It was an oppressive hush that filled the little room. The only sound was the soft strains of a compact disk playing its music through the wall-mounted speakers. Thirty-two people sat in silence on cloth-upholstered metal chairs, each lost in their own thoughts and reminiscences. Tracy Crofton let the words of the background music fill her memory.
“…So I’ll cherish the old rugged cross…” yes, that had been the essence of ‘Mom’s’ life and testimony to the world. “…’Til my trophies at last I lay down…” Tracy could almost see her mother cautiously placing a richly jeweled container before the throne of her Savior and Lord.
“I will cling to the Old Rugged Cross…” For as long as she could remember, Mom had been unashamed of the source of her spiritual strength and peaceful demeanor. “…And exchange it someday for a crown…” In her mind’s eye, there was Mom, kneeling before a glittering throne, as two hands gently placed a diamond-studded tiara on her long, flowing, auburn hair. A sense of joy, mingled with the sorrow of the moment, gave rise to a fresh wave of emotion that ran unashamedly down her cheeks. For the next few moments, Tracy allowed herself the luxury of giving free expression to the grief that had been just below the surface of her emotions for the past number of weeks. They had all known that this hour was imminent, but that knowledge did nothing to diminish the sorrow of the moment.
Tracy fumbled with her small handbag that she carried, desperately searching for a fresh Kleenex. Her search was unsuccessful, and she almost panicked in her embarrassment, until a hand gently but firmly nudged her upper right arm. Turning slightly, she saw the necessary tissue being offered to her from the rugged hand of her older brother, Thomas. There he was again, just when she needed him the most. She gave him a weak, but grateful smile, and he nodded back at her with that strong, understanding half-grin.
The CD was playing the chorus once again, but this time Tracy’s thoughts turned to Thomas. He appeared to be so emotionally stable, but Tracy sensed the turmoil in Thomas’ spirit. No matter how much of a strong, masculine image he tried to portray, she knew that her brother was reaching his breaking point. Mom, and Thomas - they had always shared that special ‘mother-son’ relationship, but in the past few years, Thomas had wandered away from his mother’s rock-solid faith. It seemed to have begun shortly after Dad’s fatal accident, but Tracy knew that the problem had started long before. Now, with the loss of both parents, she had the feeling that the responsibility of her brother’s spiritual life had fallen upon her shoulders. “Dear God, give me strength…” she muttered through her tears, just before the pastor’s voice called her abruptly back to the stark reality of the moment.
The balance of the afternoon was spent in a numb sensation of half-reality. She was aware of Thomas’ strong arm supporting her as they watched the delicately-crafted casket being lowered into the freshly dug plot beside their father’s monument. Again, she drew from his strength, while the women of the church served a light lunch of sandwiches and tea to the small group gathered in the fellowship hall. Inevitably, however, the time of fellowship came to an end, and Thomas walked her to his waiting rental car in the church parking lot. They had agreed that they would spend the night at ‘the house’ before Thomas’ return flight to Vancouver the following day.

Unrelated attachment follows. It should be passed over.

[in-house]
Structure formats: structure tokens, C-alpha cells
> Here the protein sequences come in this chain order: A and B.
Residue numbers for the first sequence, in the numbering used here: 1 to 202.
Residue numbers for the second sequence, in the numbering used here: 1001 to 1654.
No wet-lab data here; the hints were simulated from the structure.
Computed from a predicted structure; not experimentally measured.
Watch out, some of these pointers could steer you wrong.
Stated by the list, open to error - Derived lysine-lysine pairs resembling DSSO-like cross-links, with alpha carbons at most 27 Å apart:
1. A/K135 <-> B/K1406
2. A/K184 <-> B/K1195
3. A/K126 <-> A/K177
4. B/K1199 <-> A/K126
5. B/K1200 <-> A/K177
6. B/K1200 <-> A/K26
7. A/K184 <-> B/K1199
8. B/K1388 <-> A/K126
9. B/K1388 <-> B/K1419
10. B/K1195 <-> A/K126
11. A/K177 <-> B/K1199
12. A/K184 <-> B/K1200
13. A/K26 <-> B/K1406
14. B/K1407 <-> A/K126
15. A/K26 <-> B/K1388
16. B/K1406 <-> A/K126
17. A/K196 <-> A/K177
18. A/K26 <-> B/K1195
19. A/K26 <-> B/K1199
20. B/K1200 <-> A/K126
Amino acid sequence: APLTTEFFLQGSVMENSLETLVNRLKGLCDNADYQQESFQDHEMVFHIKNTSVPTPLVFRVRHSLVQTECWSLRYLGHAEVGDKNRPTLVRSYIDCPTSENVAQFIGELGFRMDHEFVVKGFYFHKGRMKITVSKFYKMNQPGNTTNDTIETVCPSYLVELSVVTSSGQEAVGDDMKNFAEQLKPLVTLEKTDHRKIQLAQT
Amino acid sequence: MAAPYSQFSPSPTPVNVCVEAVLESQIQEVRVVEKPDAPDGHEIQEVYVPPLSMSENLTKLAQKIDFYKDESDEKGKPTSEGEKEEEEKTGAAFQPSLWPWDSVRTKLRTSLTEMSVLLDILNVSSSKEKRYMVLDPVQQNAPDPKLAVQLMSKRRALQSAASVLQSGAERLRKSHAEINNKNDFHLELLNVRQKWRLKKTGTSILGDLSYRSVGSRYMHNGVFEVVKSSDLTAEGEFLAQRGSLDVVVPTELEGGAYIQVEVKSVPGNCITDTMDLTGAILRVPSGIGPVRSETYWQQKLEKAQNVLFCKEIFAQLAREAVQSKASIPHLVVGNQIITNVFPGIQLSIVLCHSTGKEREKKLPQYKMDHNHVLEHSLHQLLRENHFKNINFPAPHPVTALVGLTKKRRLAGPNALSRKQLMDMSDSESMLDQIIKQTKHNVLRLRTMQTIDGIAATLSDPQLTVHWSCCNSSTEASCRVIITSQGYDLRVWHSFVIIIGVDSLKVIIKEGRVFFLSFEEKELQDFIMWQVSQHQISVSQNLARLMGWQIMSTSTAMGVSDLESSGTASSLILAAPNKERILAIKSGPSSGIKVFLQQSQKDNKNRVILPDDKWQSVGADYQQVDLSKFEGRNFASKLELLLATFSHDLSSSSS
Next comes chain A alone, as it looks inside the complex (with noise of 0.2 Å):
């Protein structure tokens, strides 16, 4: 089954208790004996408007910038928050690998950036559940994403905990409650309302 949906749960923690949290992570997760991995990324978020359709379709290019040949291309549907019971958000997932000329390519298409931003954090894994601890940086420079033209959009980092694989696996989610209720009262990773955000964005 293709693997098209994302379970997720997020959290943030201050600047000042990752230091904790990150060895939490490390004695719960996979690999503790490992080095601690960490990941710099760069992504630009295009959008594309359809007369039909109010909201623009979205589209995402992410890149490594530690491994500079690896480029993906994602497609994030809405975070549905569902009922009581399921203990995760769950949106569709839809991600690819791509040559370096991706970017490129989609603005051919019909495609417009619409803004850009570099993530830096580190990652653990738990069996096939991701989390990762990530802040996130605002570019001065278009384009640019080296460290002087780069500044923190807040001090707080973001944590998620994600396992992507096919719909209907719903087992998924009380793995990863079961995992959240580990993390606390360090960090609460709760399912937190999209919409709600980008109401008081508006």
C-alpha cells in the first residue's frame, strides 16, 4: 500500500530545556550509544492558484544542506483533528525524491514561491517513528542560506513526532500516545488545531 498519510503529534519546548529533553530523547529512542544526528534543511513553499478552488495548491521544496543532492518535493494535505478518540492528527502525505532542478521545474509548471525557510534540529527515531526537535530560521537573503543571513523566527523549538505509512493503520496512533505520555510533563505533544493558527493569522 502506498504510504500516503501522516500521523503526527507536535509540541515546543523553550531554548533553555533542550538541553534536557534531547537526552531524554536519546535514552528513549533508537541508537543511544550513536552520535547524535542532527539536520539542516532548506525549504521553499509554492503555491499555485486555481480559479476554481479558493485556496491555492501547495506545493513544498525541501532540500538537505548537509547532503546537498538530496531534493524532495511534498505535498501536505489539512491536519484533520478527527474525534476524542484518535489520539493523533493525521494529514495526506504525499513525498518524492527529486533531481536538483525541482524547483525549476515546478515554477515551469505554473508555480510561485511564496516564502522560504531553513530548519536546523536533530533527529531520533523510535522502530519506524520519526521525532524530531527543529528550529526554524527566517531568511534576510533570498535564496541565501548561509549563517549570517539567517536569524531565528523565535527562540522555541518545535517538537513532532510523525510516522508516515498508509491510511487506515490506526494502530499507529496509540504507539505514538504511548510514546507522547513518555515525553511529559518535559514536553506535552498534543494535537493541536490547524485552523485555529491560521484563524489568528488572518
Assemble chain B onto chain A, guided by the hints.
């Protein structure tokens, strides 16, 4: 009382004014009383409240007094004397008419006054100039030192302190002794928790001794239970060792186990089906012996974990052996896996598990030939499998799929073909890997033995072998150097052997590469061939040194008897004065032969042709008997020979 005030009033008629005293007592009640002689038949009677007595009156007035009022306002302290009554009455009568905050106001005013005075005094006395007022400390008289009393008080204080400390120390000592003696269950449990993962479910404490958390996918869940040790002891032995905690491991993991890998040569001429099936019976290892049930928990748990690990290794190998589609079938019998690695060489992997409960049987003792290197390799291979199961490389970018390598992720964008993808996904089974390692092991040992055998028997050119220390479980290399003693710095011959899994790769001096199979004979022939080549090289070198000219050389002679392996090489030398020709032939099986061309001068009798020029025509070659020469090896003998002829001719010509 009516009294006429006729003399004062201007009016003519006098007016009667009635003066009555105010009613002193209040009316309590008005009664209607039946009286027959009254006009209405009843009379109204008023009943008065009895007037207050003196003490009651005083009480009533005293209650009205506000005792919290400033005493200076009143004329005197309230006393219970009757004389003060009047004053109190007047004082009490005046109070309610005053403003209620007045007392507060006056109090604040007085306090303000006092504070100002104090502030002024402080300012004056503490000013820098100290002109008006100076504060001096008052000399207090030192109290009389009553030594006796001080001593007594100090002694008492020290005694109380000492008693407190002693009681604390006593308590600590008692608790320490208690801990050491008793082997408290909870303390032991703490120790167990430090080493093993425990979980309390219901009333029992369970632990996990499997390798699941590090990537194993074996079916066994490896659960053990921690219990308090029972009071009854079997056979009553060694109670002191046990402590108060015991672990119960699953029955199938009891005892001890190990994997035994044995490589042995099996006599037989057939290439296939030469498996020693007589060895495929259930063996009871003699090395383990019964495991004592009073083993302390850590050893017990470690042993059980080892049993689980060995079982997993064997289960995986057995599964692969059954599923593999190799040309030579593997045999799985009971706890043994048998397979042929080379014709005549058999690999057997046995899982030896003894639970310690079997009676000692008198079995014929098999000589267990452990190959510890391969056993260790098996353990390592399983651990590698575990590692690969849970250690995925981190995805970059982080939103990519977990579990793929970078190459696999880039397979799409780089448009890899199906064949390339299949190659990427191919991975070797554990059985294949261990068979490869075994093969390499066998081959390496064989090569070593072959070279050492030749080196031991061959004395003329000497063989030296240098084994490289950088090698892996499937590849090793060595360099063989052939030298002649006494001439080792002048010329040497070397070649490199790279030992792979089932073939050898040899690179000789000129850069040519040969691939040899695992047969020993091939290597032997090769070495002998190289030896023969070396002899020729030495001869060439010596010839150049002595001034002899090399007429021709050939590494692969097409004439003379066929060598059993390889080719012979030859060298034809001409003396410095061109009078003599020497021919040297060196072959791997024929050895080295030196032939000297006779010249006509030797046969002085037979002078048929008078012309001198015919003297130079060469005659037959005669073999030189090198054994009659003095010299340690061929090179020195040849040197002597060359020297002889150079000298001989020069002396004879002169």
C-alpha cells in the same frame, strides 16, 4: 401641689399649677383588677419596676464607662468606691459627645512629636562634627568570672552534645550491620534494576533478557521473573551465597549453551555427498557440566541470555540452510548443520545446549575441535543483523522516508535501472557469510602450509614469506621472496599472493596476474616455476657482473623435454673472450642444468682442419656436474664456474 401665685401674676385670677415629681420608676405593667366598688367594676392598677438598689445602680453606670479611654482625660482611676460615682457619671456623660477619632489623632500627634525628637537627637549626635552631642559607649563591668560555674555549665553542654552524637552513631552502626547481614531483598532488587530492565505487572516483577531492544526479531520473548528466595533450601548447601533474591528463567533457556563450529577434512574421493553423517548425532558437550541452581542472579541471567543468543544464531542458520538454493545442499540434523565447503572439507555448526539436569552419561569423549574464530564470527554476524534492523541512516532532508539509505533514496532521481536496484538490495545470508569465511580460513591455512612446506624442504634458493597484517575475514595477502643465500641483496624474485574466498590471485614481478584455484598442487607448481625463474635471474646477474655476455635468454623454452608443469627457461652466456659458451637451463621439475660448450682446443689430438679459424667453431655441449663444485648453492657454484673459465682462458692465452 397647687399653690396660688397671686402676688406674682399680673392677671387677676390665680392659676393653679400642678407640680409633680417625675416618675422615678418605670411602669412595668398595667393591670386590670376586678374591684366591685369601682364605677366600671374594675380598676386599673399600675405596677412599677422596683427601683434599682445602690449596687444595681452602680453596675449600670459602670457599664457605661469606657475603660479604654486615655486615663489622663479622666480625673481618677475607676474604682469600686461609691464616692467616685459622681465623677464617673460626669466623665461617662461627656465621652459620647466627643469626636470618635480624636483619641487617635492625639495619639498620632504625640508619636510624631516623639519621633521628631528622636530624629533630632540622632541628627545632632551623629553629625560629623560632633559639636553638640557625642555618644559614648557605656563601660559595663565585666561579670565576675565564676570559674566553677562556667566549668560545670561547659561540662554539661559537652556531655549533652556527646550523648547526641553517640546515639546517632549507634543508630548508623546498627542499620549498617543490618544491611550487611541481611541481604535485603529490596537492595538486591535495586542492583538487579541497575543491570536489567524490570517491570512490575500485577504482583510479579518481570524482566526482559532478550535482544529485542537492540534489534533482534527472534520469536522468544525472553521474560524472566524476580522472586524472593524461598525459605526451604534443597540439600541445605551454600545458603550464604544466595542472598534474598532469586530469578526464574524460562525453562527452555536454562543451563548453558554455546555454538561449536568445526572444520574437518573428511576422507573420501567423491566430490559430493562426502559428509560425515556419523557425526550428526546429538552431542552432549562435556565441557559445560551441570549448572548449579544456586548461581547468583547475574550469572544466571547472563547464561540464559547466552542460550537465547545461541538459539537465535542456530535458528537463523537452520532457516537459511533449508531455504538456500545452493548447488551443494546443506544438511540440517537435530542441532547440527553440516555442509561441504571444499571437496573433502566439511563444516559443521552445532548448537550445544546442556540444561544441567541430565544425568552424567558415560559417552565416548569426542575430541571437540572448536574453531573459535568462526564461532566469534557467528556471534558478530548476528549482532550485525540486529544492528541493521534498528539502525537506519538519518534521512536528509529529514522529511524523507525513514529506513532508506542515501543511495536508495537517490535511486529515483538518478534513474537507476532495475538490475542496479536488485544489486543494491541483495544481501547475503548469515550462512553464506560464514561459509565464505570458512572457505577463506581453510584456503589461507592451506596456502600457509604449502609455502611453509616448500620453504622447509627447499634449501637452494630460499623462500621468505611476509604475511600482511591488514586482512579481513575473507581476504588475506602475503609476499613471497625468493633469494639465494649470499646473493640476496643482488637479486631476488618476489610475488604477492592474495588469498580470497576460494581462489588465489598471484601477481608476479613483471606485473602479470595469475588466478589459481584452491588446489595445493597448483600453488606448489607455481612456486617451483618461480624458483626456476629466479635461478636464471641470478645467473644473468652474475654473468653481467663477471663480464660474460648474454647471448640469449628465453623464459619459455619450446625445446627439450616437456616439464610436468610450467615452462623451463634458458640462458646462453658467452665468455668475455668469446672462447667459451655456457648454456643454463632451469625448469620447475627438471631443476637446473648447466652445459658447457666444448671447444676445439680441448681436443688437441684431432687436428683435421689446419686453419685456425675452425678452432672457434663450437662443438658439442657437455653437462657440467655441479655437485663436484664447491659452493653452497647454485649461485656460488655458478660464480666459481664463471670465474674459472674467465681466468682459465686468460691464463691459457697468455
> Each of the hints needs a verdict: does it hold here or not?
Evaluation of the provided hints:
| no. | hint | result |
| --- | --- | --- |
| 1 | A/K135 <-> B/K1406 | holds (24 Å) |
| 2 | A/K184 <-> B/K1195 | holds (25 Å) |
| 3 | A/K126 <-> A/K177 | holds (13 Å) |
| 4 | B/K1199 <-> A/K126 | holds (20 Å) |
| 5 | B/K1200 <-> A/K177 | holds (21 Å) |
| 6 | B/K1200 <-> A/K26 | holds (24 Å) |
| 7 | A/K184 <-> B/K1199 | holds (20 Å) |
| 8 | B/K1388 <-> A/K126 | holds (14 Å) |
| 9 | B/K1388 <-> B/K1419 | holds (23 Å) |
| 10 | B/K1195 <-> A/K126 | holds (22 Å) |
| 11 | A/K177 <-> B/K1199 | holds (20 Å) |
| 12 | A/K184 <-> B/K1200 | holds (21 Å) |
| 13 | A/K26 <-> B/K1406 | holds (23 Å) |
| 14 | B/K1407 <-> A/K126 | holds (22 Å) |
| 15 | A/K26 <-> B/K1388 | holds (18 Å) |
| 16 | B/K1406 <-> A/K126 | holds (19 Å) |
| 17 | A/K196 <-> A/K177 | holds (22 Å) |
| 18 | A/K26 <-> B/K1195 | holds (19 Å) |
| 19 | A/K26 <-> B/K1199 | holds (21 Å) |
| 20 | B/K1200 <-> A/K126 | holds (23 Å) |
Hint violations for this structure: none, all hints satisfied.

The familiar rooms held many pleasant memories for both of them. The normal family banter was absent tonight, but the reminders of their parent’s rock-solid faith were present everywhere. The walnut-stained cross that Dad had fashioned in the shop still hung on the wall above their parent’s bedroom door. The cross-stitched canvas displaying the empty tomb, with the words “He is risen, indeed!” was still in its place above the floral-patterned love-seat. As if to complete the picture, the old, leather-covered family Bible lay open on the cedar-toned coffee table in front of the matching floral-patterned sofa. The scenario held so many memories for both of them as they sat in the holy hush of the room.
Nodding towards the open bible, Tracy broke the awesome silence. “Read to me, Thomas ?!” the request of the ‘little-girl Tracy’ from twenty-five years prior tumbled from her mouth. A look of mutual recognition flashed across his face, as Thomas clumsily reached to retrieve the volume from the table in front of him. Unsure of just where to start, he let his eyes fall to the page where the Bible lay open, and began to read the first words that he saw.
“ Then shall the kingdom of heaven be likened unto ten virgins, which took their lamps, and went forth to meet the bridegroom …” He began in a strong, masculine voice, but, as his reading progressed, his speech became husky with emotion. Finally, as Thomas read the Bridegroom’s declaration “Verily I say unto you, I know you not…” the conviction became stronger than his will, and Thomas dissolved into tears of remorse. As Tracy reached to comfort her older brother, her mind wondered at the temporary reversal of roles. Throughout their lives, Thomas had always been the strong one, but now, she rose to the occasion, as it became evident that he needed to draw from her strength.
After a few hours of restorative communion, both siblings headed for their respective rooms with tears of joy still evident on their faces. Tracy was still awe-struck at the grace of God, and how the event of their mother’s death could give birth to the ‘new life’ that her brother had finally found that evening. As she yielded to the heaviness of slumber, Tracy was sure that she heard the jubilant voices of both Mother and Father in their sweetest harmony. “ …I will cling to the Old Rugged Cross, and exchange it some day for a crown …”
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